If I played with it (and I intend to) I am sure that the JB will work for me. I think my initial desire to move to the HHSS was to have a little more weatherproofing and hopefully less bulk than an UQ AND TQ. But then again I guess if the tarp is set up appropriately, there should not be too much concern about the UQ getting wet.
I would feel more optimistic about a bright future for man if he spent less time proving that he can outwit Nature and more time tasting her sweetness and respecting her seniority. -E. B. White

User avatar
BillyBob66
Reactions:
Posts: 711
Joined: Tue Sep 01, 2015 10:43 am
Location: Tupelo, MS
Hammock: Claytor/JRB/HH/SB
Tarp: JRB 11X10
Suspension: CinchBuckle/WS/TriG
Insulation: HHSS,P.Pod,MWUQ,Yeti

Re: UQ to TQ Conversion

#9

Post by BillyBob66 » Mon Aug 29, 2016 12:41 pm

ADVStrom14 wrote:I do have a Hennessy Ultralight Backpacker Classic. I was drawn to the HHSS because of the waterproof/windproof aspect and (what appears to be) a little less bulk/loft - although @dirtwheels after reading your post that may not be the case. I have tried to use the Jarbridge but honestly it's been hotter than hell in July here in balmy wet and humid eastern NC so it was hard to try to get it adjusted without melting. I also liked the fact that the HHSS actually goes end to end and, lengthwise, doesn't need the adjustability that the UQ will need. I have the double bubble pad for the HH and wondered if that would work well in the HHSS.

1) How low have you used your current Jarbridge? Is a 3 season or summer model?
The JB is a 3 season UQ but I have not used it in low temps.
2) Are you a cold sleeper?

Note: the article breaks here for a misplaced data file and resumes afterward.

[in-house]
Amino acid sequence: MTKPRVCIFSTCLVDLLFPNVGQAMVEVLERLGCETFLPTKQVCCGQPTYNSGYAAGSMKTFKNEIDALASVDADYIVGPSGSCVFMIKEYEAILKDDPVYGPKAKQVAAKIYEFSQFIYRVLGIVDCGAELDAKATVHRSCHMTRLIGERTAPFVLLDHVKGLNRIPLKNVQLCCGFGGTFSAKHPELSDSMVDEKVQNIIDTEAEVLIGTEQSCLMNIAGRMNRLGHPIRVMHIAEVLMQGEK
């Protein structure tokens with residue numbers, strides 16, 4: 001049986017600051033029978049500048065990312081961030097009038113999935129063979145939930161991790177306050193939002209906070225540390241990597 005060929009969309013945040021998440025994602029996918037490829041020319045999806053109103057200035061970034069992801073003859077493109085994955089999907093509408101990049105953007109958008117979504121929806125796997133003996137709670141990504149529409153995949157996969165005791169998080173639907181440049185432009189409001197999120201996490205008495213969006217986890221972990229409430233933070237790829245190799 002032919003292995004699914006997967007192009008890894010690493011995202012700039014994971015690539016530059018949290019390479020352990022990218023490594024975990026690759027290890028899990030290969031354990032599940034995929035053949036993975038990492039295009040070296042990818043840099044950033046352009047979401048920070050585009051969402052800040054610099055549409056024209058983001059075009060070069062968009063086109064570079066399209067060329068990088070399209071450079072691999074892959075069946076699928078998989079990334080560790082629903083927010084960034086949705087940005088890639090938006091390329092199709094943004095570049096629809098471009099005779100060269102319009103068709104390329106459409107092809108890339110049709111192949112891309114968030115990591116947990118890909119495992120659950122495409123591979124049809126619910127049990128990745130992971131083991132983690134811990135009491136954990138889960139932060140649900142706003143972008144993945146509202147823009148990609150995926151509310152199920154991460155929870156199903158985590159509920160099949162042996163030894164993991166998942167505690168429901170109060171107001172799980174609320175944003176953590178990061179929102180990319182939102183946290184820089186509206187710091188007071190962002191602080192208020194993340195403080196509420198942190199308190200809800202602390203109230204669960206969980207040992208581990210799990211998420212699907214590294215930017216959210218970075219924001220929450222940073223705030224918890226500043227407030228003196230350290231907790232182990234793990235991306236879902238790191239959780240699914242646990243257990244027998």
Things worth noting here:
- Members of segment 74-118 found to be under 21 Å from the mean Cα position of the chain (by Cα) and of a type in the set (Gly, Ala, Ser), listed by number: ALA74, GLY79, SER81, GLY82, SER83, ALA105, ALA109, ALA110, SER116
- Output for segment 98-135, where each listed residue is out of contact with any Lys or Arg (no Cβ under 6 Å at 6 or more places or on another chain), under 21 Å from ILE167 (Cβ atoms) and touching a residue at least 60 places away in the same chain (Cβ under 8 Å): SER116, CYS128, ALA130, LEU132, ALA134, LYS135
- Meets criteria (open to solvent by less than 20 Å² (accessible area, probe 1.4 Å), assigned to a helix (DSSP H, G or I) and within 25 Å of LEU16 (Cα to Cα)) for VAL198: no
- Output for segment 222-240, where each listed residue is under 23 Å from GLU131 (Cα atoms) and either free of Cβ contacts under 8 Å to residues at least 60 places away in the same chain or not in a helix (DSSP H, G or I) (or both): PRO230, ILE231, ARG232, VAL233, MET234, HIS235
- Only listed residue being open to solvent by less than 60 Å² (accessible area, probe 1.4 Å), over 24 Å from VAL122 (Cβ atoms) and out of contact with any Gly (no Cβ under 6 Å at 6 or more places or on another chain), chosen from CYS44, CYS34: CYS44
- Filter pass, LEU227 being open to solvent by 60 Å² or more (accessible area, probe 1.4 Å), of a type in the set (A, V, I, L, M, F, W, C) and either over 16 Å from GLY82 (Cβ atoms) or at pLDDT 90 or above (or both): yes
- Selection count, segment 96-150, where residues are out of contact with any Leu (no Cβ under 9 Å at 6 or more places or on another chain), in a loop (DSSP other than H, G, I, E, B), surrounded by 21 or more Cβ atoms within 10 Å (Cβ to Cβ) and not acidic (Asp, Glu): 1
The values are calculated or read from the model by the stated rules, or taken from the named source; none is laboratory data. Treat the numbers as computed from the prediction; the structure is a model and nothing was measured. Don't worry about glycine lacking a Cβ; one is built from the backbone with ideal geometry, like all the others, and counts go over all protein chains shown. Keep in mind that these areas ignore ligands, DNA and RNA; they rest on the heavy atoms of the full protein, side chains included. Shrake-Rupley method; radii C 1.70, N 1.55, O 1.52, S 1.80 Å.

I'm usually not a cold sleeper, I'm quite a warm sleeper actually. I am a little nervous about this though because temps have been in the high 70's to mid 80's the last week or so and I have chilled easily. I think it's honestly that I am just so acclimated to this insane hot weather that the sudden dip has thrown my internal thermometer for a loop. But usually when I sleep I have the air turned down to 68-70 and I'm sleeping with a light sheet or none at all. I realize this is inside in my bed but it's a relative indicator.
3) What are the low temps you are planning on?
My goal this year is to complete the 12 Nights challenge but even if I camp in eastern NC, our winter only seldom goes below 30*. I'm not that hard core...yet. :D

If I played with it (and I intend to) I am sure that the JB will work for me. I think my initial desire to move to the HHSS was to have a little more weatherproofing and hopefully less bulk than an UQ AND TQ. But then again I guess if the tarp is set up appropriately, there should not be too much concern about the UQ getting wet.